Are we missing the boat on tourism?
Readers debate future benefit of cruise lines
WEDNESDAY’S Coffs Coast
Advocate front page floating the need for voters to suggest major projects for the future of the Coffs Coast has added a weight of support behind the cruise ship terminal or stopover debate.
Previously, the suggestion has been investigated by Regional Development Australia as a plausible way of boosting tourism to the region, while granting cruise lines a halfway stopping point between Sydney and Brisbane.
Widely supported by many readers, the suggestion has also attracted its fair share of naysayers and while it was widely debated the harbour just isn’t deep enough anymore to support big ships, suggestions have been floated over the possibility of ships anchoring offshore and tenders then bringing passengers into the harbour.
Other smaller towns the world over are benefiting daily from cruise ship stopovers through job creation and employment, with passengers spending day trips onshore taking in cultural events and shopping at retail outlets.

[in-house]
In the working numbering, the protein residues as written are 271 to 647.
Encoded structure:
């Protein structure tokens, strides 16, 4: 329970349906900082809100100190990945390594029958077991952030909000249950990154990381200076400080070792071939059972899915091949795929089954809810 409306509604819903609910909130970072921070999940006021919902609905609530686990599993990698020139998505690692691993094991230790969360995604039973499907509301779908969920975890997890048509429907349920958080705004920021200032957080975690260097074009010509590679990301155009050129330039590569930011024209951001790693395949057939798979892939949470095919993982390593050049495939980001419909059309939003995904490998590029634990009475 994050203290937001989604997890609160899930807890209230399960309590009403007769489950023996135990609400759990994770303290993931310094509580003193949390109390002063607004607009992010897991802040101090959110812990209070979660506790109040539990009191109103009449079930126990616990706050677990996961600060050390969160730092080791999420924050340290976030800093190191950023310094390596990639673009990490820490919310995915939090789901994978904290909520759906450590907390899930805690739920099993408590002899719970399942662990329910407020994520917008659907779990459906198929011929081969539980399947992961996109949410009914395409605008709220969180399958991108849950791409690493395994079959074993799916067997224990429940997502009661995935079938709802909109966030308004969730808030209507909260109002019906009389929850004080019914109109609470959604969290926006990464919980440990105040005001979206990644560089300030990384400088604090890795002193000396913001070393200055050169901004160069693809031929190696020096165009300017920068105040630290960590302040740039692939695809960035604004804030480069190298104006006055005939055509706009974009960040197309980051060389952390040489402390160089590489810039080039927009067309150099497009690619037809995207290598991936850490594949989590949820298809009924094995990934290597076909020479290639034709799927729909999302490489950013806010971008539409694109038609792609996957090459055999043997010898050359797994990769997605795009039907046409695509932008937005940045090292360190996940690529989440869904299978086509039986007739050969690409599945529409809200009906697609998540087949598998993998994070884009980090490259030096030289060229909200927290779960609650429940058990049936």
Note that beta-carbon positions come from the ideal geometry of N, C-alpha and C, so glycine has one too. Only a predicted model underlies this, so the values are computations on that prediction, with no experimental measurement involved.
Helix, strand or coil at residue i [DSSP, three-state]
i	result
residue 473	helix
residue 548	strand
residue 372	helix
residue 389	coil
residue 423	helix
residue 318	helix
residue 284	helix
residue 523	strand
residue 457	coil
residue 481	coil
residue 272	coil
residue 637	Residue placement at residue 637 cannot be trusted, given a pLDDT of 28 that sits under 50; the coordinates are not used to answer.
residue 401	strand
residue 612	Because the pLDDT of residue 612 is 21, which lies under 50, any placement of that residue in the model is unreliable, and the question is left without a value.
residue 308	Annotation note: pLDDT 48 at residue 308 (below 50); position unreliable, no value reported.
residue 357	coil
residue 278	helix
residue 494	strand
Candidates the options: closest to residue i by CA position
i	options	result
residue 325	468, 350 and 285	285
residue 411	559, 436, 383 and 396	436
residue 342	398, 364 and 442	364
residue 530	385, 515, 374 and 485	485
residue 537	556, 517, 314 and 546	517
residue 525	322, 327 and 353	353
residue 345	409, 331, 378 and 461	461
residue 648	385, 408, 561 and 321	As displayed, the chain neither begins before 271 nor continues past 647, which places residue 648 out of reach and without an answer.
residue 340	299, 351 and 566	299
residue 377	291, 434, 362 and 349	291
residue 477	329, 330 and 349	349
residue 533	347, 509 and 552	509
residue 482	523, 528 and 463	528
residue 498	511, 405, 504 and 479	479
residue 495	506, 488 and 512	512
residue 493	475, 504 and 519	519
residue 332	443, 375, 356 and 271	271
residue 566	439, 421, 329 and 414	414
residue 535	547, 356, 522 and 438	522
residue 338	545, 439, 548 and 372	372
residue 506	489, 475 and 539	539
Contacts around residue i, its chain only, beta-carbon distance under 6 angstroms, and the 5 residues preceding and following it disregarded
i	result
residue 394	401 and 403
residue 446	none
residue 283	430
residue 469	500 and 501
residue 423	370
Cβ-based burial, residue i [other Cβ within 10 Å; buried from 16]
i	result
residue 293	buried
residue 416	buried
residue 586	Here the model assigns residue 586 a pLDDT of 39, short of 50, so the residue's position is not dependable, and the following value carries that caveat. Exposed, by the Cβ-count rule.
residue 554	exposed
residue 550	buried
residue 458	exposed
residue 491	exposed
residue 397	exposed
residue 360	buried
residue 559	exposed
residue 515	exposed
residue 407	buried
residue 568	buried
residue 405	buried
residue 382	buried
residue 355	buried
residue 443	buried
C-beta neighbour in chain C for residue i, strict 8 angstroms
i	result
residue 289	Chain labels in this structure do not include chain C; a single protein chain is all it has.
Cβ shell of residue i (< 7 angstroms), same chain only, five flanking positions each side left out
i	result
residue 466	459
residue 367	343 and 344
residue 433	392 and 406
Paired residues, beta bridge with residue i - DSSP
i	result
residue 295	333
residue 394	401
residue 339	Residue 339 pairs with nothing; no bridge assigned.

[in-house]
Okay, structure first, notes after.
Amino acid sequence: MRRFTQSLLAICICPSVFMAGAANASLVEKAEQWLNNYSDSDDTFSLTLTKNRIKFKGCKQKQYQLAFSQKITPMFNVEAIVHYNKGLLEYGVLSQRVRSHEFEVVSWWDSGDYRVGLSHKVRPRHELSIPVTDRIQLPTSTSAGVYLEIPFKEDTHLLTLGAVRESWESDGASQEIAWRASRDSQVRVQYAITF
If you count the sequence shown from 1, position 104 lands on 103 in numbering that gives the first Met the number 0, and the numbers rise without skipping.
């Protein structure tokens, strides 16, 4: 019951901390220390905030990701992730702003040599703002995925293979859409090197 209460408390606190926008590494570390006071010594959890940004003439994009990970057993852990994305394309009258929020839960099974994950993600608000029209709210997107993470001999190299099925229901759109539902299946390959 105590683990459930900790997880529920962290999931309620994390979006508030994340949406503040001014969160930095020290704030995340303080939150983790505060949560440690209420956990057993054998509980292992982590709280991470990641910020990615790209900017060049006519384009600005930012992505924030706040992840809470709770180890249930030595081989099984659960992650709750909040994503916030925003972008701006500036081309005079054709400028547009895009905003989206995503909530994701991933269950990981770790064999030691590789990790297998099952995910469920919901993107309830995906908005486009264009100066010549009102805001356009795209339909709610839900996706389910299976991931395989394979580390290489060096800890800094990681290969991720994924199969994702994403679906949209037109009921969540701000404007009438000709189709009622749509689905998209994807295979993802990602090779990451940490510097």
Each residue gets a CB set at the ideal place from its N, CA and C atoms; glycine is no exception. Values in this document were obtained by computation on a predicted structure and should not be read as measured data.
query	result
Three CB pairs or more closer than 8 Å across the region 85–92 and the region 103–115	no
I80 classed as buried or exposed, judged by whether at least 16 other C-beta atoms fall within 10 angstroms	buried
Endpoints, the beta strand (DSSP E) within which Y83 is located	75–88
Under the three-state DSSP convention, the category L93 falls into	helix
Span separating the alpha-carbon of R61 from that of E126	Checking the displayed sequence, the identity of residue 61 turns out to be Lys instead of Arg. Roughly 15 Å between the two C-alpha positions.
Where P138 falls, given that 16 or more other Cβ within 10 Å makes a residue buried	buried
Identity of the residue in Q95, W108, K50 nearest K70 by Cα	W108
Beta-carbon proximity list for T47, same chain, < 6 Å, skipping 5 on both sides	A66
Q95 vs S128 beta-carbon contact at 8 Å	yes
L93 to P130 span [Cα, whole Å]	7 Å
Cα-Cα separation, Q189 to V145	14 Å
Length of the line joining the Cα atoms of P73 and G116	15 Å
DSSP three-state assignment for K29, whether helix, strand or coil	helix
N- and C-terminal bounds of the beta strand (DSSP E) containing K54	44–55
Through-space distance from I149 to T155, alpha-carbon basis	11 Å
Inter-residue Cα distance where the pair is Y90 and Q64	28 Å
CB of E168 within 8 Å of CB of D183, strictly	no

The Coffs Coast only has to look to a recent precedent in which the MS Caledonian Sky anchored off South West Rocks last month.
The stopover allowed mostly international passengers to tour Trial Bay Gaol.
About 90 passengers on board the luxury cruise ship embarked on the stopover.
The 90.6m-long Italianbuilt MS Caledonian Sky is one of the three flagships vessels of London-based cruise company Noble Caledonia.
The ship made 19 stops on its Australian voyage, including calls into Newcastle, Batemans Bay and Eden.
Cruises continues to be the fastest growing tourism sector in Australia, bringing in almost $5 billion every year.
DAY OUT: A tender vessel returns passengers to a docked cruise ship.